A sample is put on a Virochip microarray, and results are compared to databases of all known viral sequences.
The geometric structures of viruses are beautiful and can be used, along with genomic information, to identify them.
PCR is a standard laboratory technique that allows amplification of specific segments of DNA based on complementarity.
DNA's chemical properties can be harnessed for a variety of biotechnology applications.
Dengue virus has sophisticated mechanisms for entering a cell, for replicating its RNA genome, and for translating proteins.
Since the 1960s dengue fever has spread to many countries and total case numbers have exploded.
The dengue virus's outer envelope proteins form symmetrical units and overlay the lipid envelope, capsid, and the RNA genome.
Infection begins when the dengue virus uses receptors on an immune cell's surface to gain entry and release its genome.
The fight against dengue fever, and the mosquitoes that carry the virus, is being carried out by "brigadistas" in Managua's neighborhoods. Spanish with English subtitles.
Charles Runckel, a graduate student in the DeRisi lab, uses the Virochip to examine the mystery of bee colony collapse disorder.
“The Assemblers” (Peter Skewes-Cox and Dr. Graham Ruby) sing about DNA and proteins.
Several members of a Nicaraguan research team describe the impact of technology transfer.
An interview with Dr. DeRisi.
An interview with Dr. Harris.
In the effort to eradicate dengue and mosquitoes, neighborhood leaders work with local conditions.
Peter Skewes-Cox, and Dr. Graham Ruby, both in the DeRisi lab, explain state-of-the-art DNA sequencing and bioinformatic technologies.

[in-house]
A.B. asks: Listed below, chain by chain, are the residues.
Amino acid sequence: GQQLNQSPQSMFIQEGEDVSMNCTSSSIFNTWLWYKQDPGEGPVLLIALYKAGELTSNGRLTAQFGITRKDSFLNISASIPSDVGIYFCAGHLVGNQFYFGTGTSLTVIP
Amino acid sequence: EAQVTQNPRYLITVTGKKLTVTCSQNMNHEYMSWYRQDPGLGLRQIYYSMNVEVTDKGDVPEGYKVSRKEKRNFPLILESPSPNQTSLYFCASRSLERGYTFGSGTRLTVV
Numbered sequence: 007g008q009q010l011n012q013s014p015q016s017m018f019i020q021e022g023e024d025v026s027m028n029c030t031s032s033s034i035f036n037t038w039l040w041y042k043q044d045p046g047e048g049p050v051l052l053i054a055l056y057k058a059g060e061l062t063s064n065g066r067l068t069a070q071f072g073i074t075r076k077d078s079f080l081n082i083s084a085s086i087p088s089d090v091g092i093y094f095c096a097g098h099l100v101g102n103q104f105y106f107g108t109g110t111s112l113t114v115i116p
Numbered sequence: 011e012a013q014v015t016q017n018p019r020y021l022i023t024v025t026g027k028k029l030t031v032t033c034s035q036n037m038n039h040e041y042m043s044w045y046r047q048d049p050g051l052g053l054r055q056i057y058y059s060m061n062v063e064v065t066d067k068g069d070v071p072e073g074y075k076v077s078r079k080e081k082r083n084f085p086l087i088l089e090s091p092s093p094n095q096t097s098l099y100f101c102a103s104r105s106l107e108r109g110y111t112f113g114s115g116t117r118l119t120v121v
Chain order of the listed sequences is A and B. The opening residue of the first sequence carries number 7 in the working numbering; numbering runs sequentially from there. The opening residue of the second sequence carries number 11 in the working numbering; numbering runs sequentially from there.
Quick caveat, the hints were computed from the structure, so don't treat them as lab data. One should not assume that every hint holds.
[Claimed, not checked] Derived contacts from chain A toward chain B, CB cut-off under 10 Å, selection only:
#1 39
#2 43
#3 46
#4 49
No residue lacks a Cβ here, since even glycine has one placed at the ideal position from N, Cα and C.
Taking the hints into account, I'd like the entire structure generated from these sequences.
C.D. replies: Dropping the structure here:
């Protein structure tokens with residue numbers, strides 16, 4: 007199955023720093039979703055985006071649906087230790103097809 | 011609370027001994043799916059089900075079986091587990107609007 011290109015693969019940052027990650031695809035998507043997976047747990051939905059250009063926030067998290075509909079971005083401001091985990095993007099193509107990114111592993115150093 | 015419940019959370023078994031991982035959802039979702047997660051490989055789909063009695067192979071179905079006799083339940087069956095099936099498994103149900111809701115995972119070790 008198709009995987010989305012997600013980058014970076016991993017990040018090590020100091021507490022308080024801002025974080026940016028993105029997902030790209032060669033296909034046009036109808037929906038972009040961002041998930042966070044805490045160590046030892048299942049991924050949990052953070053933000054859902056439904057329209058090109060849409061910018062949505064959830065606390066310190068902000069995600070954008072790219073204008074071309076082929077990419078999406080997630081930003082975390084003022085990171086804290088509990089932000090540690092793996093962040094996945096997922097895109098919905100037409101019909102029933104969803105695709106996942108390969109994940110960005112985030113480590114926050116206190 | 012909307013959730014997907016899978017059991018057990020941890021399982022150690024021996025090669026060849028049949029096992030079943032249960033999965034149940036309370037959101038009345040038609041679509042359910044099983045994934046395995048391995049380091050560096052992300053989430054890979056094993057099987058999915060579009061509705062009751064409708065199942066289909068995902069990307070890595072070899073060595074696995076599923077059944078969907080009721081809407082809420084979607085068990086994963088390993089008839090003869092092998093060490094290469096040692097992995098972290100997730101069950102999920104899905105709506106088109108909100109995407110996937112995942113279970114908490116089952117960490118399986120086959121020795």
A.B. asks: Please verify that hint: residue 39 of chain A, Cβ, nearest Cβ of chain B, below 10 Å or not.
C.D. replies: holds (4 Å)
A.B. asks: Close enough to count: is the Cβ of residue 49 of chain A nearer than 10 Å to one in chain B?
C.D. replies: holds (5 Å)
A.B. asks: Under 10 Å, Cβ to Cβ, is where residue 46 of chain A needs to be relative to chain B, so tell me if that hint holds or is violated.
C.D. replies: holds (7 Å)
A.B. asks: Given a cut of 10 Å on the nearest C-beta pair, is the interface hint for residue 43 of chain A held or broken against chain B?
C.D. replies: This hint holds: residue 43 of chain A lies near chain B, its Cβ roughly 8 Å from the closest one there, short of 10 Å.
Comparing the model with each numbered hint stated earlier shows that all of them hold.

Poor management of drainage, drinking water, and wastewater, makes excellent mosquito habitat.
To prevent mosquitoes from spreading diseases, it's essential to understand their life cycle.
Reggaeton, a popular Latin music form, rallies against dengue.
Through the efforts of the Sustainable Sciences Institute, Nicaragua’s research capacity and disease-monitoring tools have improved dramatically.
Many infectious diseases affect people in Nicaragua, and identifying the pathogens is surprisingly difficult.
Katherine Sorber, a graduate student in the DeRisi lab, describes her research on malaria.
The Nicaraguan grassroots program teaches mosquito control methods to curb dengue fever epidemics.
Ben Vincent describes his summer work collecting mosquitoes for Dr. Marm Kilpatrick's research on the ecology and epidemiology of the West Nile virus.
Kate Williams, a graduate student in the Harris lab, describes her epidemiological research linking antibodies and severe dengue in Nicaragua.